Lord willing and the creek don't rise

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Alternative forms[edit]

  • Variants substitute "God" or "Good Lord" (with or without "the") for "Lord", and substitute "crick" or "river" for "creek", or capitalize it as "Creek" or "Creeks" based on confusion with the Creek Indian tribe.
  • A slightly longer variant, "if the good lord's willin' and the creeks don't rise," is sometimes heard.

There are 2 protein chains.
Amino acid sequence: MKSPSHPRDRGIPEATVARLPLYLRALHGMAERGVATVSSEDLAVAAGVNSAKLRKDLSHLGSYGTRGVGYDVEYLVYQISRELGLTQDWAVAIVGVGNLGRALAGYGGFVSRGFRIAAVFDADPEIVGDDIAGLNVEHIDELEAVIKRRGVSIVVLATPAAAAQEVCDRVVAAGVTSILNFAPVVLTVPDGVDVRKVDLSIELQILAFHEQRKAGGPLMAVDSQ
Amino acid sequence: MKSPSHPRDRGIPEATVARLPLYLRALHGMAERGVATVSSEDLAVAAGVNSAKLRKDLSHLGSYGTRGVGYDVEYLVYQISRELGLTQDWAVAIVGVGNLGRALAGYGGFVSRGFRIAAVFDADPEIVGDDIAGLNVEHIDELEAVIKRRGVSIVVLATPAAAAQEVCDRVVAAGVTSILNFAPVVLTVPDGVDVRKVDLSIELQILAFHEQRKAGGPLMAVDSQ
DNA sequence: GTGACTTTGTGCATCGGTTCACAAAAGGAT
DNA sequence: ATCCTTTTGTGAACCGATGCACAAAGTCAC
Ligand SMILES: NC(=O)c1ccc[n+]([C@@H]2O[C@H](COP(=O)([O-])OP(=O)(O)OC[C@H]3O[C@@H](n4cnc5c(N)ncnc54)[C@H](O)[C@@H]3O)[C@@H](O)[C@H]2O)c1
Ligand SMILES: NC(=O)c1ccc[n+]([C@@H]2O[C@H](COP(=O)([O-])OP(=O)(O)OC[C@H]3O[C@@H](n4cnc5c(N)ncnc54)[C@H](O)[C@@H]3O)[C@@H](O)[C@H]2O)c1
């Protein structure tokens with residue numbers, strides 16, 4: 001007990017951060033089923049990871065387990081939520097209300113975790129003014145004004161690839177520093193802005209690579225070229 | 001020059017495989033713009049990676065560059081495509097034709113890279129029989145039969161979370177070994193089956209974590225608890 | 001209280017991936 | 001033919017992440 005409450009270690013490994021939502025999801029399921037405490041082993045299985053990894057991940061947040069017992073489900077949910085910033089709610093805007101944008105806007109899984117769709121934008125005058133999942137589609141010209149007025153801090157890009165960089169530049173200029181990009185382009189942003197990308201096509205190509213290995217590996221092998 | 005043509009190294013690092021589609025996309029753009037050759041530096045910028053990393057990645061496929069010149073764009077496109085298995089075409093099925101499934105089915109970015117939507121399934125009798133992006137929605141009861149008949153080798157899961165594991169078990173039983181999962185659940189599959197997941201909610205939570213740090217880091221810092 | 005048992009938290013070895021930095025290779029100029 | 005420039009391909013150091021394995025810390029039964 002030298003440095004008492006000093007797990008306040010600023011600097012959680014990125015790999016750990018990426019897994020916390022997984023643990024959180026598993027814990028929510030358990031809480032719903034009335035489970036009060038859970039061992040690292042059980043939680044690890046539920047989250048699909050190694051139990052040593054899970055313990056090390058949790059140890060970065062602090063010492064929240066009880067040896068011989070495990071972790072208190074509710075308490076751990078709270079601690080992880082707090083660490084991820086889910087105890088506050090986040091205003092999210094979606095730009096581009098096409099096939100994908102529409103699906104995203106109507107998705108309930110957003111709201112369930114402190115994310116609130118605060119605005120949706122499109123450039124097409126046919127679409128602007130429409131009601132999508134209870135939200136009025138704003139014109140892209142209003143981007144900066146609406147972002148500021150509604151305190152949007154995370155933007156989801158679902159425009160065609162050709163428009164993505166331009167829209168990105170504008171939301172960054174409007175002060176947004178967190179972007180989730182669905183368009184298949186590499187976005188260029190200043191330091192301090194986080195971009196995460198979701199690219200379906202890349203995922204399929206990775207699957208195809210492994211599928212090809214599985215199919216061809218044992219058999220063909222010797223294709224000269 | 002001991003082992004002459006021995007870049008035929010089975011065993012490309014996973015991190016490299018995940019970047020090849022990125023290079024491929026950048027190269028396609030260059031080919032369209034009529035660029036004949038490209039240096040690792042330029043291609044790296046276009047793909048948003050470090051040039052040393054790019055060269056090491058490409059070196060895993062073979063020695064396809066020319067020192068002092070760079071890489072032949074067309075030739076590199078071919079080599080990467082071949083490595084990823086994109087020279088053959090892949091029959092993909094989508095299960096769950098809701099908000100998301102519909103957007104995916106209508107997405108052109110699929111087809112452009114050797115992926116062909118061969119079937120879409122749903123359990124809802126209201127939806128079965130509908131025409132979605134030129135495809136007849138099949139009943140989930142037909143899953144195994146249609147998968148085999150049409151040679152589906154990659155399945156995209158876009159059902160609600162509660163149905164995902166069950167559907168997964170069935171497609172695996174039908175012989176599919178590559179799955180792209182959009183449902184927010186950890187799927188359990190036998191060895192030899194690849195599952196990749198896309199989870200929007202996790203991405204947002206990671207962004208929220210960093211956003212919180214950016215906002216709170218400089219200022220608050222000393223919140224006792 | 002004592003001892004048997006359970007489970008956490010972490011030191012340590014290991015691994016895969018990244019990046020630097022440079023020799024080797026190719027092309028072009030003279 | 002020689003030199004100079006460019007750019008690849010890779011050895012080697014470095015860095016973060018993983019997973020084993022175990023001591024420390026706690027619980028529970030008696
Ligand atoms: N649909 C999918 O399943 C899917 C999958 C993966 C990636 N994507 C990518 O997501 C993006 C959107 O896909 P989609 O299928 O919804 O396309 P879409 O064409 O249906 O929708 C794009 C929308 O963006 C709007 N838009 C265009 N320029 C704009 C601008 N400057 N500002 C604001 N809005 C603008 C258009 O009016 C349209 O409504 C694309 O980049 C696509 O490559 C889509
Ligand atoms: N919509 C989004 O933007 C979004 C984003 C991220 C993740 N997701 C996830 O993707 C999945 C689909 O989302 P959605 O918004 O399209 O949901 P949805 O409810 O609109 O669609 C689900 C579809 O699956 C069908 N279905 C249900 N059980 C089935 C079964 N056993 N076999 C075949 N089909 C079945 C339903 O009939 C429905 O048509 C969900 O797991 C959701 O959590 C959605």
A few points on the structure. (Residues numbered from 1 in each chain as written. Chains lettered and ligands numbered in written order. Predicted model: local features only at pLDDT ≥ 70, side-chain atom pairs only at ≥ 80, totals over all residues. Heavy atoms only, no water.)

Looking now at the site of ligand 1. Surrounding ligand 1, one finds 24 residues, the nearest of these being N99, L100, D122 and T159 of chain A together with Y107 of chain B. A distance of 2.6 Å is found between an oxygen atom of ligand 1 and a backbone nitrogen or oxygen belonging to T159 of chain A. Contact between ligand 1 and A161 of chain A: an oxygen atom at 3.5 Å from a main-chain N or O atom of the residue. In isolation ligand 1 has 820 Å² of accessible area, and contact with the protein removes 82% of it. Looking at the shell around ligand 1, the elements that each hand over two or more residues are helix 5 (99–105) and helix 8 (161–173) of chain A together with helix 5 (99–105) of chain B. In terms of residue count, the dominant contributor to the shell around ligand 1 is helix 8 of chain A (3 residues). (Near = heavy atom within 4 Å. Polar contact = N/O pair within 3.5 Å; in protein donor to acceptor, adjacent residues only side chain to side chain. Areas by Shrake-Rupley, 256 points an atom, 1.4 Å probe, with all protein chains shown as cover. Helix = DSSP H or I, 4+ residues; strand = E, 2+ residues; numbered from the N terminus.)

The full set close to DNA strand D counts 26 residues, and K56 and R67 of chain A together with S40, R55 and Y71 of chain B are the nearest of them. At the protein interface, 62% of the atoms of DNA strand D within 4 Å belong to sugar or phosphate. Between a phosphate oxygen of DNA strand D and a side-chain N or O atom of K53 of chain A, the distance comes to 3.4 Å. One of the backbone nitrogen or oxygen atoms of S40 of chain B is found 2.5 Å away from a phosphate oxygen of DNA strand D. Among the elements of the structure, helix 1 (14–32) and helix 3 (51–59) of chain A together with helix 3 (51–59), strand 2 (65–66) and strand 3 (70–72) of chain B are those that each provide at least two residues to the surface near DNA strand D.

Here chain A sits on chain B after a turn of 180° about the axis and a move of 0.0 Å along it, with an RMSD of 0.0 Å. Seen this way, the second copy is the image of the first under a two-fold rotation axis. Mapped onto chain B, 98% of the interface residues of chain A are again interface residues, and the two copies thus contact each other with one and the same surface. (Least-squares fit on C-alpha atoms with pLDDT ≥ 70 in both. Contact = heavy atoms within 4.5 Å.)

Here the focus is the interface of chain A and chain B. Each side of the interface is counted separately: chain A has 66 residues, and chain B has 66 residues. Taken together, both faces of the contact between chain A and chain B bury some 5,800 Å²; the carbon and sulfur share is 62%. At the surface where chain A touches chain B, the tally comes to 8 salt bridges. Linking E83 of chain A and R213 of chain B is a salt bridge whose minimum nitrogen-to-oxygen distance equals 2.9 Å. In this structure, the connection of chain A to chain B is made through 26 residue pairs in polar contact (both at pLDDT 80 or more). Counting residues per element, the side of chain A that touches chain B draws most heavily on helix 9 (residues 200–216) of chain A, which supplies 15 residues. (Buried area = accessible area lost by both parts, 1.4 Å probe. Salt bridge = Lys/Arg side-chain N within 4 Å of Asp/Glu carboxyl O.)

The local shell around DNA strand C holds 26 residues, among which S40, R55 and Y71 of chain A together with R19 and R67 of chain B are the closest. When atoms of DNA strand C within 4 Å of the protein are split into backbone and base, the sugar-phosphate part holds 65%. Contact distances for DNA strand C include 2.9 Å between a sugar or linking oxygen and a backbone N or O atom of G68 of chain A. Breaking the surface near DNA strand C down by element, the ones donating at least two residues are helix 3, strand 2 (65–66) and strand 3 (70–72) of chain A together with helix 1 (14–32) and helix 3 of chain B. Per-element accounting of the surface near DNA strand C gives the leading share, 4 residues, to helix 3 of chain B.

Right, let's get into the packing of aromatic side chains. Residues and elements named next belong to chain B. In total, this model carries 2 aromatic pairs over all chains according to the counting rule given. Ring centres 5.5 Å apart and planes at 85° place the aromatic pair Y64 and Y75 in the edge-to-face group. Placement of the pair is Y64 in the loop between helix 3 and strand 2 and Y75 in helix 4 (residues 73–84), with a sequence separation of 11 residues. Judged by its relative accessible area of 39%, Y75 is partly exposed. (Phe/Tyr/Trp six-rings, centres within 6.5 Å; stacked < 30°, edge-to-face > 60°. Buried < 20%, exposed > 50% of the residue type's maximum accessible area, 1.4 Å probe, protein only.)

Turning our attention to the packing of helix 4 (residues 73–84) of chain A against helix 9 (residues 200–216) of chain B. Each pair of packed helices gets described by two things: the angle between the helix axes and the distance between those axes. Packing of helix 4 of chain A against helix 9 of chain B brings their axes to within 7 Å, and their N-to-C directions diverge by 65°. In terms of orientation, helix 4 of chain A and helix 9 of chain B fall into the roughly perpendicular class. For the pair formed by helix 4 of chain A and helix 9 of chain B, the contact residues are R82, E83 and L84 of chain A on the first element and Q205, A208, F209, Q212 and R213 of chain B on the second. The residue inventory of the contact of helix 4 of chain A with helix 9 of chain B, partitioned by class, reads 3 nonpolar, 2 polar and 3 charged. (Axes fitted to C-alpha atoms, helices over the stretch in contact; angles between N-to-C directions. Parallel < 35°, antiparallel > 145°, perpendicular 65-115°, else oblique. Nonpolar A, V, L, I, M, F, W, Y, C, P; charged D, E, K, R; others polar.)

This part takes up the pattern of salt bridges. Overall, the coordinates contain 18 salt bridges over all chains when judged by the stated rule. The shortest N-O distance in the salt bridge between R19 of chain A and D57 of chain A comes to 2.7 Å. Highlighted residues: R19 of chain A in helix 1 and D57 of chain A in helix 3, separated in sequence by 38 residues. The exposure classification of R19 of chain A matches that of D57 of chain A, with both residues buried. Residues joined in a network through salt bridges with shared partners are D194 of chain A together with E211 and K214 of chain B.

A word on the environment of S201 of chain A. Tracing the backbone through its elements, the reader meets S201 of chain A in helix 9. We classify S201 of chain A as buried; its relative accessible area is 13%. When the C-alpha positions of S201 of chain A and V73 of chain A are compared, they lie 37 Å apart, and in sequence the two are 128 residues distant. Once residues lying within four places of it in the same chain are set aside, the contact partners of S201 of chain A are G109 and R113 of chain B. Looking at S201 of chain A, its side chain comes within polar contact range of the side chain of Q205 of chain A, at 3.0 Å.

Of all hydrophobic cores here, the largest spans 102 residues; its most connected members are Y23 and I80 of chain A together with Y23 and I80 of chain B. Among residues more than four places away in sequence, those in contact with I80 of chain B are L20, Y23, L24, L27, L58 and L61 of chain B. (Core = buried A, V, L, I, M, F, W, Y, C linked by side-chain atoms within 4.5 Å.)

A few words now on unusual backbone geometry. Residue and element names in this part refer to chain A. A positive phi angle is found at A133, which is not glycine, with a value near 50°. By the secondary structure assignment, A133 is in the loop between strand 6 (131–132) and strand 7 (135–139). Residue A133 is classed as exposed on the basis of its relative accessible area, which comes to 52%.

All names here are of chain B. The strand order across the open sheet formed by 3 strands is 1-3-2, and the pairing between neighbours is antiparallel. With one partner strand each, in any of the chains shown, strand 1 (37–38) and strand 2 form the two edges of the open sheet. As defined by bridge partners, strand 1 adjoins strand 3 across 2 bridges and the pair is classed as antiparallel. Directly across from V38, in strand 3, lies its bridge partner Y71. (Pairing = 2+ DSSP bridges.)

Statements of the form "God/Lord willing and (some other condition being met)" are ancient extensions of simple acceptance of God's will in phrases like God willing and Lord willing. "Creek" originated as a reference to creeks flooding and preventing travel, but is sometimes re-interpreted as a reference to the Creek tribe.


Lord willing and the creek don't rise

  1. (idiomatic, US, informal) Barring unforeseen circumstances.
    Lord willing and the creek don't rise, we'll have that new barn finished in time for the harvest.